BOOK MOUNTS

MISCELLANEOUS

Pins
Ball headed pins and coil headed pins

Pins
with ball heads

Object: Pins
Culture: medieval
Country/Area of Origin: UK.
Material: Brass
Size: 25mm - 30mm
Notes: Group of pins likely from Thames, London.

Pins
with coiled heads

Object: Pins
Culture: Tudor. 15th-16th century.
Country/Area of Origin: Greenwich, England
Material: Brass
Size: 24mm to 45mm length. Various thicknesses.
Notes:
Thames foreshore find in front of one of Henry VIII's palaces, Greenwich, England. Pins constructed by drawing out the wire and coiling it into a ball and then hammering. Traces of the coil marks are clearly visible.

Pin
with flat head

Object: Pin
Culture: Tudor. 15th-16th century
Country/Area of Origin: Greenwich, England
Material: Brass
Size: 45mm length
Notes:
Foreshore find in front of one of Henry VIII's palaces, Greenwich. Constructed by drawing out the wire and hammering the end flat. Length and weight of the pin suggest use as a veil pin for silk or very fine linen.

Pins
with coil heads

Object: Pins
Culture: Tudor. 15th-16th century.
Country/Area of Origin: Greenwich, England.
Material: Brass
Size: 24mm to 45mcm length
Notes:
Thames foreshore find in front of one of Henry VIII's palaces, Greenwich, England. Pins constructed by drawing out the wire and coiling it into a ball and then hammering. Traces of the coil marks are clearly visible. Slight traces of gilding visible on one pin. The smallest seems consistant with a sewing pin.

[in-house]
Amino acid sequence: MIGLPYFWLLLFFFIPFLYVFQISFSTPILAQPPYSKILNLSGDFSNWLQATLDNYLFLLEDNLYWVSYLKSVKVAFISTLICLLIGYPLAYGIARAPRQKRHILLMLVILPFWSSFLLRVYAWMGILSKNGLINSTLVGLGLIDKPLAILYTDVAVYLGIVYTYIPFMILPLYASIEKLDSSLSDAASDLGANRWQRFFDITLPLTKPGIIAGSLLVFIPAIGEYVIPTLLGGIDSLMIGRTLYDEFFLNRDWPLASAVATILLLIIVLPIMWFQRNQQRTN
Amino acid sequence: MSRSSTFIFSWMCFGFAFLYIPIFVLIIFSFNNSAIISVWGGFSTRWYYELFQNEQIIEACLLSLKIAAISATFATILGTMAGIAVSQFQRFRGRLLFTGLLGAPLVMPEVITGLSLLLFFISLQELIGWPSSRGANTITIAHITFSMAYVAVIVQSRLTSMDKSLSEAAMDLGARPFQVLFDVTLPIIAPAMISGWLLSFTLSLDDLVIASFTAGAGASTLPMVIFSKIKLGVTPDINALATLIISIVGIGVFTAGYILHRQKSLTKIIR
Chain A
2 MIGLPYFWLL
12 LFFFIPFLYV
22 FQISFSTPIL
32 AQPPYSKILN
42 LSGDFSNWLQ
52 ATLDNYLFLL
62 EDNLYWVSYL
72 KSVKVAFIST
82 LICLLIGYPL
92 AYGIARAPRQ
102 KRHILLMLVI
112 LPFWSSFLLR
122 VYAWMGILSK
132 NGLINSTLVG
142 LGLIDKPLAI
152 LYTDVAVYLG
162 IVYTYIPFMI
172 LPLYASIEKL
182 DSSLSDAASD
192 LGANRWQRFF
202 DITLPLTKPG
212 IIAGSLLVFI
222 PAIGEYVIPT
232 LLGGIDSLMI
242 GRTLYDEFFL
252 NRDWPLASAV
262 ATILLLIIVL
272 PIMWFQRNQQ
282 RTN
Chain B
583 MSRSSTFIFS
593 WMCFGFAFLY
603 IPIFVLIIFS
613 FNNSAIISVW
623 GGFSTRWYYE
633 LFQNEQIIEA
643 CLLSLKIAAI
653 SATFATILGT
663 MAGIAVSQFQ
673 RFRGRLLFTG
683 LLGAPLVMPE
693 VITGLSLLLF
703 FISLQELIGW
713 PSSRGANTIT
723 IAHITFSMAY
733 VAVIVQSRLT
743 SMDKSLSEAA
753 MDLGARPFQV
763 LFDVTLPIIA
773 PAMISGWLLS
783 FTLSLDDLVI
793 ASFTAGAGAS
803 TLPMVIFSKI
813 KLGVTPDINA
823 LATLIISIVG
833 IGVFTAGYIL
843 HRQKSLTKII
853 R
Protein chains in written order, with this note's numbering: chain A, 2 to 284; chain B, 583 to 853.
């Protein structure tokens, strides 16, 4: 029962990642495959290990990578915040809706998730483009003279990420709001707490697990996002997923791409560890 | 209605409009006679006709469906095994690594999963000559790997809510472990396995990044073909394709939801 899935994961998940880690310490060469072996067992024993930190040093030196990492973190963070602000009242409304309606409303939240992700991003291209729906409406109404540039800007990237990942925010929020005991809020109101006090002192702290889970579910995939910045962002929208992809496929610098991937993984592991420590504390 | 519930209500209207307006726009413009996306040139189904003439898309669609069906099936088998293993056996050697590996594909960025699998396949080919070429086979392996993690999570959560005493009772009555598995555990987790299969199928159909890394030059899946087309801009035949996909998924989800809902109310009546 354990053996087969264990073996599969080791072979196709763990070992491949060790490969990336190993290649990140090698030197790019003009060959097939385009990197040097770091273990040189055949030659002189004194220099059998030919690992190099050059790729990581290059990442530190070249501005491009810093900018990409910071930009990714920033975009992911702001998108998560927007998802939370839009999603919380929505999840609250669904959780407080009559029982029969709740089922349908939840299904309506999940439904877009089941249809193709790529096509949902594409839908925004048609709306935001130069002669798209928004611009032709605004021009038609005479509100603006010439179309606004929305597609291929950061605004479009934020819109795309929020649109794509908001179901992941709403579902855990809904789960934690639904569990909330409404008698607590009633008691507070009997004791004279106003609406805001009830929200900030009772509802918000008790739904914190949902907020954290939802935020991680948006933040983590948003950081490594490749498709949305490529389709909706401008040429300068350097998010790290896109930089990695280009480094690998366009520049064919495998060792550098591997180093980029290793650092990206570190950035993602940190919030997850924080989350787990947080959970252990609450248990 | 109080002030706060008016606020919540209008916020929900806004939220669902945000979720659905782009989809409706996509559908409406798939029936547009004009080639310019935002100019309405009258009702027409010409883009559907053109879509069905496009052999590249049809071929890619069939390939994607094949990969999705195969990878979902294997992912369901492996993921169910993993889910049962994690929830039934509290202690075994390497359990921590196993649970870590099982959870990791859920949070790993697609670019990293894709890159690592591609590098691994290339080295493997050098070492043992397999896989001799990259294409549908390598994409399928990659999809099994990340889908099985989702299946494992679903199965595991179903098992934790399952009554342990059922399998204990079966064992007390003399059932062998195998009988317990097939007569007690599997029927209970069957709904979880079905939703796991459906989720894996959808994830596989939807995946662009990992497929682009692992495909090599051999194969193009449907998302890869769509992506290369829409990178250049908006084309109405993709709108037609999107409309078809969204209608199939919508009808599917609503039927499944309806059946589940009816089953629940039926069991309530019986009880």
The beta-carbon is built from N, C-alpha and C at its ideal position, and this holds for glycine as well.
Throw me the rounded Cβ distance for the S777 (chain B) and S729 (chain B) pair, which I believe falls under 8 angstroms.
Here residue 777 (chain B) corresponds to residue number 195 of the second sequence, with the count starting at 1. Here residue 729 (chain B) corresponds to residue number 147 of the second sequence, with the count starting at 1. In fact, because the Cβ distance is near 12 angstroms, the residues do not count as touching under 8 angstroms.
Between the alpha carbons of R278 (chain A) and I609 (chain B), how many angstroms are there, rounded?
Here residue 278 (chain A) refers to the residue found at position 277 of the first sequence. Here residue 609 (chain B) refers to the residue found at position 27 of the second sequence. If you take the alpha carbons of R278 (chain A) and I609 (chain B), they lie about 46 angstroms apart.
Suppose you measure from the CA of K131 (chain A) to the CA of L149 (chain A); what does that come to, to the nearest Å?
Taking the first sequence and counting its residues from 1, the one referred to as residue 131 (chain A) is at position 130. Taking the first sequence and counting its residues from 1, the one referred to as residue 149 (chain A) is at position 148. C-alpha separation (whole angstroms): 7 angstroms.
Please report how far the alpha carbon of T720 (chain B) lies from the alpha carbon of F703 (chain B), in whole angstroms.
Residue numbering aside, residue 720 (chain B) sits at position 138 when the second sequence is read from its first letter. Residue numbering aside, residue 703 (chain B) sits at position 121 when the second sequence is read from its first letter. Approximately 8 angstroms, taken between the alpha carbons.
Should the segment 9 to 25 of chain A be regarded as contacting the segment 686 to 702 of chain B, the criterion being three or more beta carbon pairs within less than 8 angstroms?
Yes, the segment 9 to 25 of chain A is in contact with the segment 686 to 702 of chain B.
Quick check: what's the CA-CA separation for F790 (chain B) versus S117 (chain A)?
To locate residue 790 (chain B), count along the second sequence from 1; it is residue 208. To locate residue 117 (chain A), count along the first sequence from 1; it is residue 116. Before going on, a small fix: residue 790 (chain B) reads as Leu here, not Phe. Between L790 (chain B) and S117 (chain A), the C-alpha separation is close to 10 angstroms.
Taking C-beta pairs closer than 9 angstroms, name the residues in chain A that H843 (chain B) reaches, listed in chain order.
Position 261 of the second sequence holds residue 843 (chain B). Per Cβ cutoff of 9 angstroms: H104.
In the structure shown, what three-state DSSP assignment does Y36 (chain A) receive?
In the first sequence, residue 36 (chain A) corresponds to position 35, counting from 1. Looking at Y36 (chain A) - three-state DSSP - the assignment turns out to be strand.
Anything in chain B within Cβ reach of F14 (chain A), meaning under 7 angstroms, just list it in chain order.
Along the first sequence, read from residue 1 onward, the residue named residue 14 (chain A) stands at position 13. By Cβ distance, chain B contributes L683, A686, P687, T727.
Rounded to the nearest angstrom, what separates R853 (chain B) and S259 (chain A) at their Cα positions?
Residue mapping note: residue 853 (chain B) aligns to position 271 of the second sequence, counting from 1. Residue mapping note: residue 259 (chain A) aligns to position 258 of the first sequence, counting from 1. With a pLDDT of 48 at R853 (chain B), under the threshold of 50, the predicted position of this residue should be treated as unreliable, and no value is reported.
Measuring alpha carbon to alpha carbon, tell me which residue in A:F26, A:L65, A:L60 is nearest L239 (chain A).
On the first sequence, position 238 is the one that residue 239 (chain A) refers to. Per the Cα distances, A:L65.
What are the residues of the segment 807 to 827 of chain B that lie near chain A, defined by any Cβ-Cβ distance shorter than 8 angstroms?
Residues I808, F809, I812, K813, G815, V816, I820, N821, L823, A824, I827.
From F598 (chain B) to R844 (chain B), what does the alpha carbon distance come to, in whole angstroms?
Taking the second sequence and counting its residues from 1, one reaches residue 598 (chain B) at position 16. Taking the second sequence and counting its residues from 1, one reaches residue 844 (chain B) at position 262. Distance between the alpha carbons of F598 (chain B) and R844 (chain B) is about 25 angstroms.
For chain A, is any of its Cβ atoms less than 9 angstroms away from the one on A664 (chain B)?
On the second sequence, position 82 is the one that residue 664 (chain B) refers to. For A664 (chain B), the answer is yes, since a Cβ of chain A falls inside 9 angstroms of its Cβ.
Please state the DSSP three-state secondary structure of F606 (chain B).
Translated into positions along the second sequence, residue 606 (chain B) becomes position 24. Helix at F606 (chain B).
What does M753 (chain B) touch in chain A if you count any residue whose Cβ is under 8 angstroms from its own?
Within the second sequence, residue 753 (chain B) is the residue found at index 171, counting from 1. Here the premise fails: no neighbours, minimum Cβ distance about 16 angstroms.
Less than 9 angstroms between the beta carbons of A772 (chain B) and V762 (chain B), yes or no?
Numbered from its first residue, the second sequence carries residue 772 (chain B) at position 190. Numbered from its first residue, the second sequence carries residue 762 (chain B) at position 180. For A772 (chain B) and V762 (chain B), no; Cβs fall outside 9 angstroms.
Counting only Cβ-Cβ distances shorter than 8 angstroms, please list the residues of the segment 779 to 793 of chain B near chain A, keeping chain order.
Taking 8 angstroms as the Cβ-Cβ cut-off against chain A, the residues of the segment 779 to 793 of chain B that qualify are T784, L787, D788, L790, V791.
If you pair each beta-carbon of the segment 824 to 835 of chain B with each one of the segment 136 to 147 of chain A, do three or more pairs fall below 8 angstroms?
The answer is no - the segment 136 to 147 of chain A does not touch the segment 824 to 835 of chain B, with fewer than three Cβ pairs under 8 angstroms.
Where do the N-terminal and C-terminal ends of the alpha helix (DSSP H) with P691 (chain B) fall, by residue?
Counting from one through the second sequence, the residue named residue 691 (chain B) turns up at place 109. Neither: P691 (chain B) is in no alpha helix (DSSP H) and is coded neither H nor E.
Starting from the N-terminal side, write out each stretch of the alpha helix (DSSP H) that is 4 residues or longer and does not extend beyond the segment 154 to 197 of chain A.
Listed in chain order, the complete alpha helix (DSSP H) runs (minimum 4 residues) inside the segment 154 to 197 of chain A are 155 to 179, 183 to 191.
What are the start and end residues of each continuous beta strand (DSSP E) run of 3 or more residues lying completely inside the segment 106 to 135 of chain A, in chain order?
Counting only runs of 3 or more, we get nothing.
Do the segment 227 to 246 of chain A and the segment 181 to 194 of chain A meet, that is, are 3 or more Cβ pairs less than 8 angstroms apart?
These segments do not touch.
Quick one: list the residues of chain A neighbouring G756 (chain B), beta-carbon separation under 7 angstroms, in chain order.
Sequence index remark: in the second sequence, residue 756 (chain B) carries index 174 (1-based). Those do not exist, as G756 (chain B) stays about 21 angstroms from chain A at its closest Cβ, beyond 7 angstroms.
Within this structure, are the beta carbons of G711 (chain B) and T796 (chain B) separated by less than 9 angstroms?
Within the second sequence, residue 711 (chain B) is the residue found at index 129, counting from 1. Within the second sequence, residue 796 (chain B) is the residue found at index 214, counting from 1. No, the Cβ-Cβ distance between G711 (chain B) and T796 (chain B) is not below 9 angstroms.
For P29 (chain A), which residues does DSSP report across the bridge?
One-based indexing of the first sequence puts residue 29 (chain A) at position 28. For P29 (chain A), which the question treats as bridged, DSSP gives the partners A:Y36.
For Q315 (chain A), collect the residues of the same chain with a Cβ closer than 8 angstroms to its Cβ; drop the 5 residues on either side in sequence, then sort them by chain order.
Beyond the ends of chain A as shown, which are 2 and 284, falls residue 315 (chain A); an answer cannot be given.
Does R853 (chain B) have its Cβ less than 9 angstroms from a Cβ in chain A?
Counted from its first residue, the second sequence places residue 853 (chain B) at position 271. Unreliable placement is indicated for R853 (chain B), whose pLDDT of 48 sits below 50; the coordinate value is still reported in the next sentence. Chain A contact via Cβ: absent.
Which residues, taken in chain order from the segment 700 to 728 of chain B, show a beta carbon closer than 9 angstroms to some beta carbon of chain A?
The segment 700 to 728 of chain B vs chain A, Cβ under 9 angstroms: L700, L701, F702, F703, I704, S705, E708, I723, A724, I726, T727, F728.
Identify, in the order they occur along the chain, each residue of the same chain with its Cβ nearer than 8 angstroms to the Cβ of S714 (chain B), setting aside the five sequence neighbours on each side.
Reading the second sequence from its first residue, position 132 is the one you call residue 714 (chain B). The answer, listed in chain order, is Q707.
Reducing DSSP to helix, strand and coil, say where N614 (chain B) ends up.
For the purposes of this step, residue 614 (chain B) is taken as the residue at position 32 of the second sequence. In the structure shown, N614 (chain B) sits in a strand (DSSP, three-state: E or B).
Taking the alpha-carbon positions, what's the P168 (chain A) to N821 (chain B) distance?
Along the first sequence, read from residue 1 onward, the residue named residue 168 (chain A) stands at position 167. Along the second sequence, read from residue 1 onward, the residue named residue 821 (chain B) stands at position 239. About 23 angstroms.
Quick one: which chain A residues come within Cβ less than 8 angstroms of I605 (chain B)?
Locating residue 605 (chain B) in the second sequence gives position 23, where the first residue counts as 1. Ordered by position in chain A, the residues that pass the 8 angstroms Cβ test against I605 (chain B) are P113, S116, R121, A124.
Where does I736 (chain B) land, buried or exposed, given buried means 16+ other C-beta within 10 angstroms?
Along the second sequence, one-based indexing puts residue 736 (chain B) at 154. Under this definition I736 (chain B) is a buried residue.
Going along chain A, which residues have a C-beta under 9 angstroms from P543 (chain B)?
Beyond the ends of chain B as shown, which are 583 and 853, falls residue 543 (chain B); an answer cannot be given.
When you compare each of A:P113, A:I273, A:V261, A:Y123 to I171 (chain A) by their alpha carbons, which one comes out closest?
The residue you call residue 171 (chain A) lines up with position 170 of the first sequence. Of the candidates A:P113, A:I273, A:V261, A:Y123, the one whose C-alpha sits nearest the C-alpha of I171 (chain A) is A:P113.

Pin
with coiled head

Object: Pin
Culture: Tudor. 15th-16th century
Country/Area of Origin: Greenwich, England
Material: Brass
Size: 40mm length.
Notes:
Thames foreshore find in front of one of Henry VIII's palaces, Greenwich, England. Pins constructed by drawing out the wire and coiling it into a ball and then hammering. Traces of the coil marks are clearly visible. Sturdiness suggests use for clothing, eg sleeves, rather than veils.

Pins

Object
: Pins
Culture: Medieval. 14th-15th century
Country/Area of Origin: Thames, London
Material:
Size: 26mm - 28mm
Notes: One pin is flat headed and fine suggesting use as a veil pin, the other constructed with the coil head method and is of a sturdier nature suggetsing general use.
Needles & bodkins

Needle

Object
: Needle
Culture: Early Medieval
Country/Area of Origin: Suffolk, England.
Material: Copper Alloy
Size: 60mm x 27mm
Notes: PASF-2CC700. This needle has a tapering shaft with a pointed terminal and an oval cross-section, measuring 2.7mm in width, at its widest point and 2mm in thickness. The head is a pointed lozenge shape (5mm in width at its central point) with a long oval perforation through it, measuring 6.8mm in length and 2.5mm in width internally. There are traces of a possible circumference groove below the head, although it is unclear if this is intentional or due to later damage. A very similar needle has been found at Threave Castle, Galloway, although this example was slightly shorter, however this find was unfortunately unstratified (Good and Tabraham 'Medieval Archaeology' 1981, 108, fig 10, no 49). No other exact parallel could be found, however, this needle is probably most likely to be early-medieval or medieval in date. Findspot: 'Freckenham', parish protected.

Needle or bodkin

Object: Needle or bodkin
Culture: Medieval
Country/Area of Origin: Katwijk, Netherlands
Material:
Size: 62mm length
Notes: Flat construction from eye to tip. The tip comes to a point with 2 angles. The shaft does not taper. It is likely this needle was used for lacing clothing and not domestic sewing.

Pins or needles without heads

Object: Pins, needles without heads?
Culture: Medieval
Country/Area of Origin: UK.
Material:
Size: 33mm - 34mm in length
Notes: Uncertain whether these were pins or needles withthe heads broken off.

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